Mayer points out additional advantages to the hybrid arrangement. “Psychologically, I think hybrid authors are a little less on edge, because the traditional deal isn’t all or nothing for their career,” he says. “As a hybrid, I know I can go to a publisher and not care about my advance because I already have a solid income stream. I can also present a publisher with a solid marketing scheme.”
It was the prospect of such value-added involvement that led the University of Alaska Press, which holds the English-language print rights to my novel Cold Spell, to embrace a hybrid arrangement. As acquisitions editor James Engelhardt notes, his press is mission-driven and very flexible, but like any other publisher, it must have balance sheets that show profits.
“To do that,” he says, “we need to partner with active, lively authors—authors who are willing to support their books. And our sense that we’re partners may be an important position to start from.”
From Engelhardt’s perspective, my proposal that I retain all rights except English-language print rights made sense. The University of Alaska Press had an established book series (the Alaska literary series) and I had a solid track record with both independently published and traditionally published print books.
“In books that have gone to electronic versions, we haven’t seen the electronic erode print sales,” says Engelhardt. “So we were open to trying something new.” Also, he notes that I bring “a lot of enthusiasm” to promoting my books, which is something the press was “very happy to have in a partner.”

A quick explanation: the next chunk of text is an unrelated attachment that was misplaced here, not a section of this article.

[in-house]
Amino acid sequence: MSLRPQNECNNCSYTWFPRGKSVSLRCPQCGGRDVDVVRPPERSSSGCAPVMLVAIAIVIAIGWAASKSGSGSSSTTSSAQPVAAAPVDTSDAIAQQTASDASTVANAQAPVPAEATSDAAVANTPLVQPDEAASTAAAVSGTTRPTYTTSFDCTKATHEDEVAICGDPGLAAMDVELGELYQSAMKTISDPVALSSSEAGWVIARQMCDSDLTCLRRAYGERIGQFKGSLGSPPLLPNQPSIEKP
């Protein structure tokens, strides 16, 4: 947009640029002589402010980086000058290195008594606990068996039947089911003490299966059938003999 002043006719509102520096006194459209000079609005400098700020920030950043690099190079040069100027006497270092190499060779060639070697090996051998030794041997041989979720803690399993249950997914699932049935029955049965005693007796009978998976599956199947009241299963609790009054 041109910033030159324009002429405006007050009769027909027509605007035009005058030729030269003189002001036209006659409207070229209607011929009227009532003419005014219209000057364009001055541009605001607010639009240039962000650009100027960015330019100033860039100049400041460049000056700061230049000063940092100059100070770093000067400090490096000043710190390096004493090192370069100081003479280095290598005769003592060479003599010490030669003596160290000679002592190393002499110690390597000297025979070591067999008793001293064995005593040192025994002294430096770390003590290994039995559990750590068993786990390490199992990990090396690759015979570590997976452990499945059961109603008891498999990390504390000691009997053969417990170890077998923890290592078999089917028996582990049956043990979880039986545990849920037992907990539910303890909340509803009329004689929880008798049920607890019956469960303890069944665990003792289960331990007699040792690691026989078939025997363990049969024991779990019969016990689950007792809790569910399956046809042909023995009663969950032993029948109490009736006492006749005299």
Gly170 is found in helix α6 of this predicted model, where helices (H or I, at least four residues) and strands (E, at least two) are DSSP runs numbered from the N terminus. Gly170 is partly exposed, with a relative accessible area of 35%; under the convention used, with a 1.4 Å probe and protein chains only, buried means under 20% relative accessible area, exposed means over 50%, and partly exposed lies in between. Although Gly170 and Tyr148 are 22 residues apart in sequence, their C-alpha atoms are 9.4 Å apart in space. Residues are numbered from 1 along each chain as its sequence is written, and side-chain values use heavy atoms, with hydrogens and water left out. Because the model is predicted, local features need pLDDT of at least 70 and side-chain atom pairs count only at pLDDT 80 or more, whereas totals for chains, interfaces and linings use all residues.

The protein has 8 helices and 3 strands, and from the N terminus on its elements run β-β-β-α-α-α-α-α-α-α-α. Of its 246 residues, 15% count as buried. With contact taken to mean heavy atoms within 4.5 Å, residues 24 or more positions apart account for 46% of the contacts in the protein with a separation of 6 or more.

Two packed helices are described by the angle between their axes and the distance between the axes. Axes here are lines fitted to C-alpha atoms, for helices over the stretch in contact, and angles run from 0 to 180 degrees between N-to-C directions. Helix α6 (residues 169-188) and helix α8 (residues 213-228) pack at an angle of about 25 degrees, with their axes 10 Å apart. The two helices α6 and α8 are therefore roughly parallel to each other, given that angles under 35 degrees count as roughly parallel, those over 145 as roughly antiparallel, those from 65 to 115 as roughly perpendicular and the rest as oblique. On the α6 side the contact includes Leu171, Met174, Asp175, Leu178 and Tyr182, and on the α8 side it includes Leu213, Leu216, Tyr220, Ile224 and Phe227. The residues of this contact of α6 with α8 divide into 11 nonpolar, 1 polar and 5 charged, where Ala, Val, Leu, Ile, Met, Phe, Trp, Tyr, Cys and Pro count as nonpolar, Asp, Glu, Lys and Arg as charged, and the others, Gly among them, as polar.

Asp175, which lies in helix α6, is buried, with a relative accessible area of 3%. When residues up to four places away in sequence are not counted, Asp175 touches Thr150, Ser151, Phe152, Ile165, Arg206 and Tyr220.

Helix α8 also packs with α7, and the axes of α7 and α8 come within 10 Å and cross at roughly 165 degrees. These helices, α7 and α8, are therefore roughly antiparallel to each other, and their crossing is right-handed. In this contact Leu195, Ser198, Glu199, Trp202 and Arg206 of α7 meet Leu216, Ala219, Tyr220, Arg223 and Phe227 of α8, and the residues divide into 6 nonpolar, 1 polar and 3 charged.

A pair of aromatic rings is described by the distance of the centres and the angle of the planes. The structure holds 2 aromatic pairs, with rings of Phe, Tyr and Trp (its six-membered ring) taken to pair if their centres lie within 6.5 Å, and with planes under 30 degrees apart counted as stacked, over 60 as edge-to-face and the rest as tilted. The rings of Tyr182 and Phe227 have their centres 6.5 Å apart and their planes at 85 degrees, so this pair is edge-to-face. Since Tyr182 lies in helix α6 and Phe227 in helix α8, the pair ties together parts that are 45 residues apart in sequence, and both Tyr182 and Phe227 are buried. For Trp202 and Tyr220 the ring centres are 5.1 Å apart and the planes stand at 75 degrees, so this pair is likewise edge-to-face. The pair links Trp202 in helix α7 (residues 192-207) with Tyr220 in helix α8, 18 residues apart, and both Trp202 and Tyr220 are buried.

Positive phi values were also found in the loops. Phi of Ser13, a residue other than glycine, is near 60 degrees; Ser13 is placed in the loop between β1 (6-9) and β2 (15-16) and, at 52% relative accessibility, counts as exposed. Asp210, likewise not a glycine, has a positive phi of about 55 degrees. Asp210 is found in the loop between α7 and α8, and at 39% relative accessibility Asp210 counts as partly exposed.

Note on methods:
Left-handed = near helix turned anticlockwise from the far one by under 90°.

As Gorman points out, it may be easier for a traditionally published author to go hybrid than for an author whose only publishing experience is independent. “An independent author may have difficulty working with a publisher because a publisher can’t be as responsive, fast, or devoted to your book as you are—they have dozens to deal with!” she says. “But if you start out traditionally published, you understand these limitations and make the decision to sign a traditional deal because it has other advantages.”
For me, those advantages include favorable reviews in trade publications — Publishers Weekly, Library Journal, and Booklist — where my novel would never have been featured had it been entirely self-published. Cold Spell also got shelf space in bookstores well beyond my local region, something that would never have happened without a well-established publisher’s involvement.
“These days, it’s natural for an author to publish books in various ways, depending on what’s best for the book itself,” says Midge Raymond of Ashland Creek Press. Authors who propose hybrid arrangements should keep in mind the publisher’s investment in bringing the book to market, and acknowledge the benefits that result from the efforts of professional editors, proofreaders, and designers.
And the author and publisher should discuss contract language that ensures that content of the book is the same in all editions while also covering questions such as which files will be shared and how release dates will be managed.
“My impression is that the standard, monolithic publishing contract is fast dying out across the landscape,” says Engelhardt. “That die-off creates more work, but it also frees the author and publisher to find new, interesting ways to continue to get good work to the audience that wants it.”
Deb Vanasse is the author of 16 published books, including, most recently, What Every Author Should Know: No Matter How You Publish and the companion volume, Write Your Best Book. Co-founder of the 49 Alaska Writing Center, a nonprofit that supports the artistic development of writers throughout Alaska, she is also the founder of the author collective Running Fox Books. To learn more: debvanasse.com.